Along with the French New Wave and the post neo-realism Italian cinema (Fellini, Antonioni, Pasolini, etc), the Czech New Wave is perhaps one of the richest cinemas of the 20th century.
For about ten years (early 1960s to early 1970s) a generation of Czech filmmakers gave us the some of the most ingenious, original, innovative and most beautiful films of the entire history of cinema. This was partly because of a cultural and political reform that the country had undergone since 1962. During this time the filmmakers of the Czech new wave enjoyed a state supported film industry, an interest in both domestic and international market (with special interest in the USA) and relative artistic freedom.
For a few years they could talk about subjects that filmmakers in other communist countries would not be able to due to censorship. Their objective was “to make the Czech people collectively aware that they were participants in a system of oppression and incompetence which had brutalized them all.”
Until the summer of 1968 when the Soviets took over Prague, imposing the strongest social and political regulations since the Stalin era, and officially ending the New Wave.
Vera Chytilova’s Daisies (1966), her most ‘famous’ film, about two girls who realize that everything is corrupt around them including themselves so they go in a frenetic orgy of destruction and corruption, breaking every rule in the fiction as well as in the techniques of film narrative and montage: we jump from colour to black and white to a red tint to a completely unrelated scene, while we follow the frenetic antics of the two heroines. The film is put together in a collage-like montage, taken much farther than Godard’s film of the same year, Two or Three Things I Know About Her (1966).*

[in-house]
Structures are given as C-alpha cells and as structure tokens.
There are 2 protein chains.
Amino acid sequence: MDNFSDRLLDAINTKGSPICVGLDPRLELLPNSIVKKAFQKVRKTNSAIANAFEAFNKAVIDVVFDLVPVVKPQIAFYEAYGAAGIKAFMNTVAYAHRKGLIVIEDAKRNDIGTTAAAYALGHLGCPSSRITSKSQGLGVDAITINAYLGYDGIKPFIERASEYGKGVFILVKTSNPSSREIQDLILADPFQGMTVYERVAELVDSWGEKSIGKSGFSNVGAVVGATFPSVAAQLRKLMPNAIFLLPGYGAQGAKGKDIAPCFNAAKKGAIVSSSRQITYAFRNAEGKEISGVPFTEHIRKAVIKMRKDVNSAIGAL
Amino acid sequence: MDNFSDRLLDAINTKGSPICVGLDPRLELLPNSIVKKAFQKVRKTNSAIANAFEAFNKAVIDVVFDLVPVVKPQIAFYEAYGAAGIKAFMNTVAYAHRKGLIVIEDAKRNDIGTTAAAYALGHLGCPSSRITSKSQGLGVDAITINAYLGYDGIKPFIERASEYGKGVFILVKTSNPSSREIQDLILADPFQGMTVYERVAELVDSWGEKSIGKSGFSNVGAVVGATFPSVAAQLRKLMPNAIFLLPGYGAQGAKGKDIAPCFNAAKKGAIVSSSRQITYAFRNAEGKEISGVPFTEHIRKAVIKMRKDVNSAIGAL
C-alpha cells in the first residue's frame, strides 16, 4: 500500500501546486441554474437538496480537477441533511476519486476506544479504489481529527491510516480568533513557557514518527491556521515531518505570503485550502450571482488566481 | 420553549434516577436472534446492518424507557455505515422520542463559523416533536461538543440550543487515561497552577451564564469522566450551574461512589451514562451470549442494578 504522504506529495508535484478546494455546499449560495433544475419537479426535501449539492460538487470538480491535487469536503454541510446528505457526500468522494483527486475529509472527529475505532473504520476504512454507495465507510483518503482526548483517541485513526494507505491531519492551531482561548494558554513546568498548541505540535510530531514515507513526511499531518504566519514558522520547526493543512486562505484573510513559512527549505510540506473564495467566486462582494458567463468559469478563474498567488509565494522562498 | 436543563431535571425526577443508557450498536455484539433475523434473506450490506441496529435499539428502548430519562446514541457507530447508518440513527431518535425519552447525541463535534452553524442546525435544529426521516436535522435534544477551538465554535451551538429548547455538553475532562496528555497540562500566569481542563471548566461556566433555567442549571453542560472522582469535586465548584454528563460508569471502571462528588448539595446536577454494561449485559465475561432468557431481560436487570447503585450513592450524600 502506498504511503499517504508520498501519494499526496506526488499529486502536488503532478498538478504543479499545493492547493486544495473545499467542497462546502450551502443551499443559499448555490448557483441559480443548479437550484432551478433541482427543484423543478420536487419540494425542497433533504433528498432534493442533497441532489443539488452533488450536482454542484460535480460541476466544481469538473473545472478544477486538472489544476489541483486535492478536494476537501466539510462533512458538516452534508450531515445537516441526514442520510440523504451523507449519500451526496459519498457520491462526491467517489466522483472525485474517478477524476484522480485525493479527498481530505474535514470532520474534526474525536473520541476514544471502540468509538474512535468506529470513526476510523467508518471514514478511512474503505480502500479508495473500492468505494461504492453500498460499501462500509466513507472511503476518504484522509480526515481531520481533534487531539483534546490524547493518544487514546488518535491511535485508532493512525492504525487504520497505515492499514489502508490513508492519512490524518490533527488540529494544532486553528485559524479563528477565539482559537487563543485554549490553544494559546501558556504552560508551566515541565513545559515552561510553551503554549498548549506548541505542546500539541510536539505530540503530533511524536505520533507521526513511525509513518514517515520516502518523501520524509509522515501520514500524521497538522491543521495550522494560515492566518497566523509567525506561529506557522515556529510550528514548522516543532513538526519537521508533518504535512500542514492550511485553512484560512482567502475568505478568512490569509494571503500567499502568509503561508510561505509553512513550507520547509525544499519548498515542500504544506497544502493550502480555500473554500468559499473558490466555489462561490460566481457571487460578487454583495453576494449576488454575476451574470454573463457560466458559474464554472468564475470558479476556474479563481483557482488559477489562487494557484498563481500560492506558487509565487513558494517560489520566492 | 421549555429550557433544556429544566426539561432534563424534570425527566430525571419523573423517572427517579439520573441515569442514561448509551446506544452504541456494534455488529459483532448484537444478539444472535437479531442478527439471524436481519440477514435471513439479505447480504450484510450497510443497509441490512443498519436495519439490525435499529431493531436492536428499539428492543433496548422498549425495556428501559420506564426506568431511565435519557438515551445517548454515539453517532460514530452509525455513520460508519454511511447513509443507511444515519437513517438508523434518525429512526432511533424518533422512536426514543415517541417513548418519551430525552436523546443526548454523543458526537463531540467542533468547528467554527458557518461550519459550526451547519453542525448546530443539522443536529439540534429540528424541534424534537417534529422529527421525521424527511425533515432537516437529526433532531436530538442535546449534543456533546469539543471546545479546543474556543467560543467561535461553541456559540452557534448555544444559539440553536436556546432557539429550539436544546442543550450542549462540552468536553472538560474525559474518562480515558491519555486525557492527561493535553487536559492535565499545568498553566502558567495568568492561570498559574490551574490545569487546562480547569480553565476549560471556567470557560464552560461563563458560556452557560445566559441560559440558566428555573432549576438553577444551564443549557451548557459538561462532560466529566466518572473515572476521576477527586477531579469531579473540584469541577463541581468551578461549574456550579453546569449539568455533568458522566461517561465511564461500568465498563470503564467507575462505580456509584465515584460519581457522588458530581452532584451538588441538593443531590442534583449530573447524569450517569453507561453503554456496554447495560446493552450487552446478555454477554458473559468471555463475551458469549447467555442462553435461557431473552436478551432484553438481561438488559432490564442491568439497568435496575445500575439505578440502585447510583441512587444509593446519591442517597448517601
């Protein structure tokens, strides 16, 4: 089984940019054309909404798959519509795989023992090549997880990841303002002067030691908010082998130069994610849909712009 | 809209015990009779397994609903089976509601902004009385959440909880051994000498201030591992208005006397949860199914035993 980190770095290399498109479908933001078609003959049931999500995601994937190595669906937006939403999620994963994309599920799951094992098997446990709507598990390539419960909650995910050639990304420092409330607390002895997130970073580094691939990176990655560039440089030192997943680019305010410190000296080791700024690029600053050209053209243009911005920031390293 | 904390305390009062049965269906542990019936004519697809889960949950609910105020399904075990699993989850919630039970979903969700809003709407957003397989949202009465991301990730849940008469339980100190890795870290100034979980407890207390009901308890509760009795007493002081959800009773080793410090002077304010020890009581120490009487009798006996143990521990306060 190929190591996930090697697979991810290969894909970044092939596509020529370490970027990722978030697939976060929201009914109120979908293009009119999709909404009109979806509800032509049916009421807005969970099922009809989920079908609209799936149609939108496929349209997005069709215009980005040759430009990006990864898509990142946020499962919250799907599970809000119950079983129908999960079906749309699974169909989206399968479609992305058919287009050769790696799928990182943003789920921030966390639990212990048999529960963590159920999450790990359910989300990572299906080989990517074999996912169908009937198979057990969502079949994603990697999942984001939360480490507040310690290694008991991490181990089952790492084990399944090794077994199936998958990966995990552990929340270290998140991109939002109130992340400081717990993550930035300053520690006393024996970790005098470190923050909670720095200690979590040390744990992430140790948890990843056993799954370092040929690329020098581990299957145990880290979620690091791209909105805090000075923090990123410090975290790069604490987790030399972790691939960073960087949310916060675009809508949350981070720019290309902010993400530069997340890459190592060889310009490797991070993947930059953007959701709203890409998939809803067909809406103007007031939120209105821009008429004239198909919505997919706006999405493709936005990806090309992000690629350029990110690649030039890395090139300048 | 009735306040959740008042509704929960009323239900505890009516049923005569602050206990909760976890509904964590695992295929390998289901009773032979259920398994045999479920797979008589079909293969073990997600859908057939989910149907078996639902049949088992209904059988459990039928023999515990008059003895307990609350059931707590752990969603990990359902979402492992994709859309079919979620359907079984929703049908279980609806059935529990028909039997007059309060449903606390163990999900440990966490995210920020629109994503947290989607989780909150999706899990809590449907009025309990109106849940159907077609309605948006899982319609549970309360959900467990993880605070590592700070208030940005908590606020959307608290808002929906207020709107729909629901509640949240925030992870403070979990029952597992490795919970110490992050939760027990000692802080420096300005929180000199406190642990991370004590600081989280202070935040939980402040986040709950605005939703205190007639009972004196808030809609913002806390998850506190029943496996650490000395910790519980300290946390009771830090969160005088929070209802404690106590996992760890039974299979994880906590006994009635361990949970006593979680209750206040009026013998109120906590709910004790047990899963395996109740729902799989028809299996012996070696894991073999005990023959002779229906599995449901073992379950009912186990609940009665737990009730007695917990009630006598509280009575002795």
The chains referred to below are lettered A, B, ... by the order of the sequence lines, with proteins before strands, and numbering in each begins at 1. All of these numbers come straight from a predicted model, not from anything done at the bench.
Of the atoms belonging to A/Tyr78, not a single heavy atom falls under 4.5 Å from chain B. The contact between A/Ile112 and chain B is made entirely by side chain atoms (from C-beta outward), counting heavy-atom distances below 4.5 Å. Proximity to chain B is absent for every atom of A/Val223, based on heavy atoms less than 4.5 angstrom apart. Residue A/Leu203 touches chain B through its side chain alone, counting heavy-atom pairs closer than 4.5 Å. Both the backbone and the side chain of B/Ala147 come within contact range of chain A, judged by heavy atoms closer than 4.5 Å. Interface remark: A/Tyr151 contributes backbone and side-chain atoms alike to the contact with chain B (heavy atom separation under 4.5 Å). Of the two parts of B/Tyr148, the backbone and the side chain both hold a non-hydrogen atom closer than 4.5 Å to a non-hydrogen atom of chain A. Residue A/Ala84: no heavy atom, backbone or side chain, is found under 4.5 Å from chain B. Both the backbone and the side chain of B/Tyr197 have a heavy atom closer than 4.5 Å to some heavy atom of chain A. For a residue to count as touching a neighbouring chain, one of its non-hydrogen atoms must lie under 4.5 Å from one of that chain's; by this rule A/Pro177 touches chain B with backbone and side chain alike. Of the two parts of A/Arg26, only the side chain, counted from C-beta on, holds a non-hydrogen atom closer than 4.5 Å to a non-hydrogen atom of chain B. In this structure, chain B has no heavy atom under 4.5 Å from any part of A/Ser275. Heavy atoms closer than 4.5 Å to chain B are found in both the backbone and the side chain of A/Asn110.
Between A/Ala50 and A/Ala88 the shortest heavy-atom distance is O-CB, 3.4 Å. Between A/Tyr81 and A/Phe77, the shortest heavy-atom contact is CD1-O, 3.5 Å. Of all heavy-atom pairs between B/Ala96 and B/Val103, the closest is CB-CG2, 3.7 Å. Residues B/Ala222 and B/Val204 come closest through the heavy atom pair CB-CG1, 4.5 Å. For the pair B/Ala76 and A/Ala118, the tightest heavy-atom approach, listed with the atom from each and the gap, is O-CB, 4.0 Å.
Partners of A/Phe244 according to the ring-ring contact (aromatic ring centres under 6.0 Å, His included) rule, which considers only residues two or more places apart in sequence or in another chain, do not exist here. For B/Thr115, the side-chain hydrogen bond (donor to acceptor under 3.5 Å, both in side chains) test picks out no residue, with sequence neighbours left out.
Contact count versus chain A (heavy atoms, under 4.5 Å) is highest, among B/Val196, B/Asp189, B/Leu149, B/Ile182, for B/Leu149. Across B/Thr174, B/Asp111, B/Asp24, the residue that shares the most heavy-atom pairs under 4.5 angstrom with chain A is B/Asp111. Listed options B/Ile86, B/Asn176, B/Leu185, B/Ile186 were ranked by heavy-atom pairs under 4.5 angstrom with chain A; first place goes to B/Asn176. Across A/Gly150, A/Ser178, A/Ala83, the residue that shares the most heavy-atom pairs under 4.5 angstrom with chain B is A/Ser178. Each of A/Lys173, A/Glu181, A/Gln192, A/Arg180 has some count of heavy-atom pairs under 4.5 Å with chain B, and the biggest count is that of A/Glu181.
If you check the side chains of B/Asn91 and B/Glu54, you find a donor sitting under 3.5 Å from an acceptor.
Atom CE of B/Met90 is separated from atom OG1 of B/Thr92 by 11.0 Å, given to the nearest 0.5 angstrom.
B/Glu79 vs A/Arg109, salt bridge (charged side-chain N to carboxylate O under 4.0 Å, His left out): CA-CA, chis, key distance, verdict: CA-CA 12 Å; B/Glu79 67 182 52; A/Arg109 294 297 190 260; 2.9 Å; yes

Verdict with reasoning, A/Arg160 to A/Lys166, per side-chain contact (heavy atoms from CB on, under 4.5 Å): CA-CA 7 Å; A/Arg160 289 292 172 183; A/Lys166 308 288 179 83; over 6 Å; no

Chytilova is arguably the most original of the Czech filmmakers, and she would demonstrate it again with Fruit of Paradise (1970), which is my personal favourite of her films. She made other interesting but hard to get films like The Apple Game (1978), Panelstory (1979) and The Jester and the Queen (1988) among others.
Jaromil Jires made one of the most beautiful films I have ever seen, Valerie and Her Week of Wonders (1970). Based on a classic Czech surrealist novel by Vitezslav Nezval, the film is difficult to pin down, like most good films, but could be somewhat vaguely described as a surreal fairytale, bordering into fantasy and horror, with stunning photography and music. To attempt to describe the plot of the film would be to destroy the spell that this film seems to have over anyone who watches it.
Other films by Jaromil Jires of interest are The Joke (1969) and I Will Give My Love to the Swallows (1971).
Jan Nemec’s The Party and The Guests (1966) is his most available film. A comment on governmental power, it is a film with a very tense atmosphere and dark humour. A group of people on a picnic are invited to a sinister meal in the middle of the forest to which they cannot say ‘no’. The film was “banned forever” in Czechoslovakia.
The rest on Nemec’s filmography is rather difficult to get hold of, with two exceptions: Diamonds of the Night (1964), a great film about two Jewish boys who escape from a train taking them to a concentration camp. The film is far from what you would expect judging from the theme itself, it is concerned more with the dreams, fantasies and hallucinations of the two boys while they walk through the forests, than with war or Nazis. Nemec’s other available film is Late Night Talks With Mother (2001), which sees Nemec making use of digital video and a fisheye lens, which deforms images in ways never seen before, creating abstractions as the camera moves along. It is a very personal film, a sort of a documentary or nearly a confession, about his death mother. It is an interesting experiment but not the best film to watch as an introduction to Czech cinema nor the films of Jan Nemec.